Despite the transportation industry’s travels along the rocky road of 2001 — beginning with the slumping economy, followed by the drama of Amtrak’s uncertain future and then the disastrous effects of September 11 — the outlook for rail projects appears to be steady, according to METRO’s eighth annual North American rail projects survey.
Rail projects in this year’s survey totaled $53 billion, an increase of $1 billion from last year. With project-cost totals increasing at a minimal pace, about 2%, this may signal a more conservative outlook for the future of projects.
We asked our survey respondents what they felt was the single greatest hurdle to getting rail projects done quickly — and the answer was finding a funding source. The U.S. funding total this year for major capital projects, or New Starts, is $1.2 billion, $1 million more than the previous year’s budget. The majority of respondents (80%) are not considering turnkey approaches for New Starts.
Big Apple is tops
Though there have been big changes in our Top 50 rankings, most notably in our Top 10, MTA New York City Transit (NYCT) held on to the No. 1 spot for the second year in a row, with $10.2 billion designated for projects. That price tag includes the purchase of 1,550 IRT (R142/142A) subway cars at a cost of $2.3 billion. Another pricey item is the reconstruction of the Stillwell Avenue Terminal, worth $169.4 million.
NYCT also plans to modernize its signal system on the Flushing Line by replacing the current equipment with fixed-block signal equipment. The cost is expected to be in excess of $50 million. The replacement will take place on various interlockings from Times Square in Manhattan to the 82nd Street Jackson Heights station in Queens.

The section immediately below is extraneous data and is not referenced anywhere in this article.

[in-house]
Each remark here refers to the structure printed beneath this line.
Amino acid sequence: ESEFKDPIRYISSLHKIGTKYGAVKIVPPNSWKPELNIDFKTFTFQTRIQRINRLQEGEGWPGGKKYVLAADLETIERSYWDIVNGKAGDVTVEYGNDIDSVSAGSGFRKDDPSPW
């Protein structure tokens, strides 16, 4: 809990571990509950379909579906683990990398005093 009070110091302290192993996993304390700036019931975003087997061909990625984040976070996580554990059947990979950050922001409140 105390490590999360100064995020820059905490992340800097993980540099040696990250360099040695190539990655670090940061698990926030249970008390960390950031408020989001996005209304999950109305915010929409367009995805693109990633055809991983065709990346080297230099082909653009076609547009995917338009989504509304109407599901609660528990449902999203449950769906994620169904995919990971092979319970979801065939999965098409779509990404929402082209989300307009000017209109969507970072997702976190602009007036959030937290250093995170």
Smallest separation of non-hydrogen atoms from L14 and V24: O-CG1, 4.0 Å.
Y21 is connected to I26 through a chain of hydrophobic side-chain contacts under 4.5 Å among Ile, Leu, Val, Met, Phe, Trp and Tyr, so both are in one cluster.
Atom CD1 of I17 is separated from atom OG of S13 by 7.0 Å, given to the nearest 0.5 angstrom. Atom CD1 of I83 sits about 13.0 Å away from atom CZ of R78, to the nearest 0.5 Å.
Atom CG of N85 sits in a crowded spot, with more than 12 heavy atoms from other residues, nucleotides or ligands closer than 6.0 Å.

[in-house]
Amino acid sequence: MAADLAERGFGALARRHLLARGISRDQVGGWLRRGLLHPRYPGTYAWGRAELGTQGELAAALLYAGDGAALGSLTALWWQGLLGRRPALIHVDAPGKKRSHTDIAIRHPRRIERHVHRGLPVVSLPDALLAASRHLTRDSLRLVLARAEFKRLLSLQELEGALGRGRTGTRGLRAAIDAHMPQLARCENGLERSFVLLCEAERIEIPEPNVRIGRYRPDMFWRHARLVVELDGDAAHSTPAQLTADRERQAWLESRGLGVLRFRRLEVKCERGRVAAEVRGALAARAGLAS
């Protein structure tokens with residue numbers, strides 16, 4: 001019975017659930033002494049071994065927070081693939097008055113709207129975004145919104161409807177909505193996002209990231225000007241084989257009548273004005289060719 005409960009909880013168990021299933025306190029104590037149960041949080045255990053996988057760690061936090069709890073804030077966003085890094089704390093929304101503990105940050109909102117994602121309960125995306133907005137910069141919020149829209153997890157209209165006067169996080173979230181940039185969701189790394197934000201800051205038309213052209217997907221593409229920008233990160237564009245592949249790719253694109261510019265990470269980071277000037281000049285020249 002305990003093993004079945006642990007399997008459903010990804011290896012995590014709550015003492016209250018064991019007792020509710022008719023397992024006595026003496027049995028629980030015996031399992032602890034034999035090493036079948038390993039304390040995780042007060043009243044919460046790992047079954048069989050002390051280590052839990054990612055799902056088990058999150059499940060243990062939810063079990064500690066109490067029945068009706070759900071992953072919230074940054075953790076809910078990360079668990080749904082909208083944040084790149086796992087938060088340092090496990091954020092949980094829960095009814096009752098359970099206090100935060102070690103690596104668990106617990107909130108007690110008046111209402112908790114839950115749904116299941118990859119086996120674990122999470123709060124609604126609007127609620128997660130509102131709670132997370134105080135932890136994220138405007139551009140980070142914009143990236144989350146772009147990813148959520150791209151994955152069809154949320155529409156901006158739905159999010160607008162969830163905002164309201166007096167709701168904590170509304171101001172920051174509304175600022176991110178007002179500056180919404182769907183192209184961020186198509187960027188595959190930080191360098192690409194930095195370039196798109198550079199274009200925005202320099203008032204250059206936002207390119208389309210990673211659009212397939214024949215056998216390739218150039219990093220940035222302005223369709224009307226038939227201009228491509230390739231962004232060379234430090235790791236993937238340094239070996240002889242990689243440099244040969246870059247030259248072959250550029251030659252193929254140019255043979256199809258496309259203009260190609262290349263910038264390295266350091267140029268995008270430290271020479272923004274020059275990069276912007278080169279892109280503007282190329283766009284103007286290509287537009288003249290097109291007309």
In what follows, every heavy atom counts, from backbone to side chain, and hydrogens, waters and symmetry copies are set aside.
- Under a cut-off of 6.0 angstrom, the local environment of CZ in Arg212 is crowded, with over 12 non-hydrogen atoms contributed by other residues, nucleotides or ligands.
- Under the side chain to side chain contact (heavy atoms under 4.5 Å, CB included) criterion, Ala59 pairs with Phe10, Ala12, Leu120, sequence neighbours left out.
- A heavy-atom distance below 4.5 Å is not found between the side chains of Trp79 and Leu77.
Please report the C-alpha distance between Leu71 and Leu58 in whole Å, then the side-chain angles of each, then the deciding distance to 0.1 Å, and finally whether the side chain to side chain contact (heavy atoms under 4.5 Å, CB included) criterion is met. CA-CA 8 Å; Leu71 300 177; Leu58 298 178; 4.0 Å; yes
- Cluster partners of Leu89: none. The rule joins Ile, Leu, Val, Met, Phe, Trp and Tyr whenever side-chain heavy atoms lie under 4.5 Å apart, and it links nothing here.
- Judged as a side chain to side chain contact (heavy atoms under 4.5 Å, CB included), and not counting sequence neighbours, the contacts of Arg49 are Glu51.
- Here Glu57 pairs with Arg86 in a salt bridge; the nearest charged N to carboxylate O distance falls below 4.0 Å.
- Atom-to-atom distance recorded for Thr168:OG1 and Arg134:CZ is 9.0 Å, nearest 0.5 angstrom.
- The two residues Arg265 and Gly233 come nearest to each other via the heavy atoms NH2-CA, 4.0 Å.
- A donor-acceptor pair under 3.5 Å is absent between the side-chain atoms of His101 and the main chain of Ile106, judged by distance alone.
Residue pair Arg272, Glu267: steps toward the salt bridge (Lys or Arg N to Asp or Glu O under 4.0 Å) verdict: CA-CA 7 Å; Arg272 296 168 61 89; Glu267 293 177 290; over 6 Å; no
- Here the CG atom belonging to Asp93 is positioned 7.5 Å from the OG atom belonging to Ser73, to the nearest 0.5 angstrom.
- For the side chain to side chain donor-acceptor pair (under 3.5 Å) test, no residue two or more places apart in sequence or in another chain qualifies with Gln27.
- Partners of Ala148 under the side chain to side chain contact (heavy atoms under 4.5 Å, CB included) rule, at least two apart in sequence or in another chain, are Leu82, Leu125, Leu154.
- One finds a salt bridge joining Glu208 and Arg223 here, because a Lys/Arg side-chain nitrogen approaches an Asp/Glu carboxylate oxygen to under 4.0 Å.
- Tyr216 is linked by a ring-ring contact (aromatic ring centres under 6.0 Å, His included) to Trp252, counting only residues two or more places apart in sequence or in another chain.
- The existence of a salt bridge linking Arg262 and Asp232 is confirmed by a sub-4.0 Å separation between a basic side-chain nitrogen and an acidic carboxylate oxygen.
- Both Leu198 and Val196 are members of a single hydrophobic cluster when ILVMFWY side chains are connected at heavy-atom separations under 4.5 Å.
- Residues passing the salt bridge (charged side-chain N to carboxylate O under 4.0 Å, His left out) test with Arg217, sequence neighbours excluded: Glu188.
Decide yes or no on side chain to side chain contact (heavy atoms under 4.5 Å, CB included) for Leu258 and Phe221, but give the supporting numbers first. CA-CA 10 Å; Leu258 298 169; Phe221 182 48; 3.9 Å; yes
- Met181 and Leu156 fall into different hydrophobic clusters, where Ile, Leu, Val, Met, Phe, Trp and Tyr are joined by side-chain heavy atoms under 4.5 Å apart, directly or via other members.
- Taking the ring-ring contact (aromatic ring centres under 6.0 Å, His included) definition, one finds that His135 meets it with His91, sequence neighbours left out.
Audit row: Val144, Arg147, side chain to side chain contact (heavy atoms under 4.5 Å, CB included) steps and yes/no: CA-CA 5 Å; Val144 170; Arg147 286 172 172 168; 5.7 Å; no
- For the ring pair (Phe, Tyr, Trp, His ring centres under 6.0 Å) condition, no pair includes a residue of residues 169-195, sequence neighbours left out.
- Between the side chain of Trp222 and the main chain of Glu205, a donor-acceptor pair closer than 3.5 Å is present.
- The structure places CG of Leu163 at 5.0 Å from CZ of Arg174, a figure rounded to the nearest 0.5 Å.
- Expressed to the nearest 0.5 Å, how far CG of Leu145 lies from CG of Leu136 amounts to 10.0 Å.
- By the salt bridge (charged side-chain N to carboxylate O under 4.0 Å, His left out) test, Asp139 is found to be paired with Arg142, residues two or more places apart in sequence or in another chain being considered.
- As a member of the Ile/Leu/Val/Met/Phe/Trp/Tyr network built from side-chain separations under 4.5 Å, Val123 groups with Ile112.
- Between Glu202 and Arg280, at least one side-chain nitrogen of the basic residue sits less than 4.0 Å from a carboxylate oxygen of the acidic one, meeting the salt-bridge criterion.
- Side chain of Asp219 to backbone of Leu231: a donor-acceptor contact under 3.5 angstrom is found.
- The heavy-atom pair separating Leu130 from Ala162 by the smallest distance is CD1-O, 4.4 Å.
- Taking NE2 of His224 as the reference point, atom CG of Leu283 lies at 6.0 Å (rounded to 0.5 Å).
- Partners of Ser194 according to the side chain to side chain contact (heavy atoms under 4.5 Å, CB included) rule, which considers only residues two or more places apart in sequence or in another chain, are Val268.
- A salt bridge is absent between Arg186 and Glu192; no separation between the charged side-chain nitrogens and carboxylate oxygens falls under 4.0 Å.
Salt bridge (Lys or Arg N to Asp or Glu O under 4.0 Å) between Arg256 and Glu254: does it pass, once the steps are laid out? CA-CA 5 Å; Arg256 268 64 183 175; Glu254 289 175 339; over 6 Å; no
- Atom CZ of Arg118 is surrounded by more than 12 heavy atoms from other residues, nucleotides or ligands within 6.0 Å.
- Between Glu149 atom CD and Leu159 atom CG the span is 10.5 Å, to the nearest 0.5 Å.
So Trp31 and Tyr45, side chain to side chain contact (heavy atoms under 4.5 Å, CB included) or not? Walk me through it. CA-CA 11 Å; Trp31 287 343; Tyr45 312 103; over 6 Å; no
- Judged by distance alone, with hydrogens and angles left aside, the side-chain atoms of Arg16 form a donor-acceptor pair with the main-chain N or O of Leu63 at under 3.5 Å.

NYCT also scored the No. 1 slot in our Top 10 largest fleets listing by having 6,543 railcars, accounting for 30% of the Top 50 fleet total of 21,344 railcars. The Top 10 rail fleets possess 16,941 railcars, 79% of our agency listings.
Some slices of the railcar fleet-mix pie got bigger while others shrank. As usual, heavy railcars remain the dominant force with a 58% portion (12,303 cars) of fleet totals. Commuter railcars are gaining momentum with 4,995 cars, a 23% total share.
In the No. 2 spot, the Washington Metropolitan Area Transit Authority (WMATA) made an impressive showing, holding a project purse worth $3.8 billion. Planned WMATA projects include a $3.3 billion Dulles Corridor Rapid Transit Project. Also in the works is 3.1-mile, $434 million extension of the Blue Line from the current Addison Road-Seat Pleasant Metro station to Largo Town Center.
A lot of juggling went on in our Top 10 this time around, with five previous members slipping in the ranks, while others such as the Chicago Transit Authority (CTA) and Central Puget Sound (Seattle) Regional Transit Authority/Sound Transit, Nos. 3 and 4, respectively, hurtled forward. CTA, with a majority of its $3 billion project costs earmarked for the purchase of new railcars, made the most impressive advance in this year’s survey, moving up 30 spots.
OCTA leaps ahead
Another big gainer in the rail rankings is the Orange County (Calif.) Transportation Authority (OCTA), leaping into tenth place and bringing along project costs of $1.4 billion. OCTA was absent from last year’s survey after its Centerline light rail project was temporarily shelved due to a lack of local support. The project, a 17.9-mile route linking major business and commercial centers, including John Wayne Airport, is back on track. Construction is slated for early 2007.
Some notable drops in the survey include the Kansas City Area Transit Authority (No. 21 last year), which lost support for its $793 million light rail transit system, taking it out of the running altogether.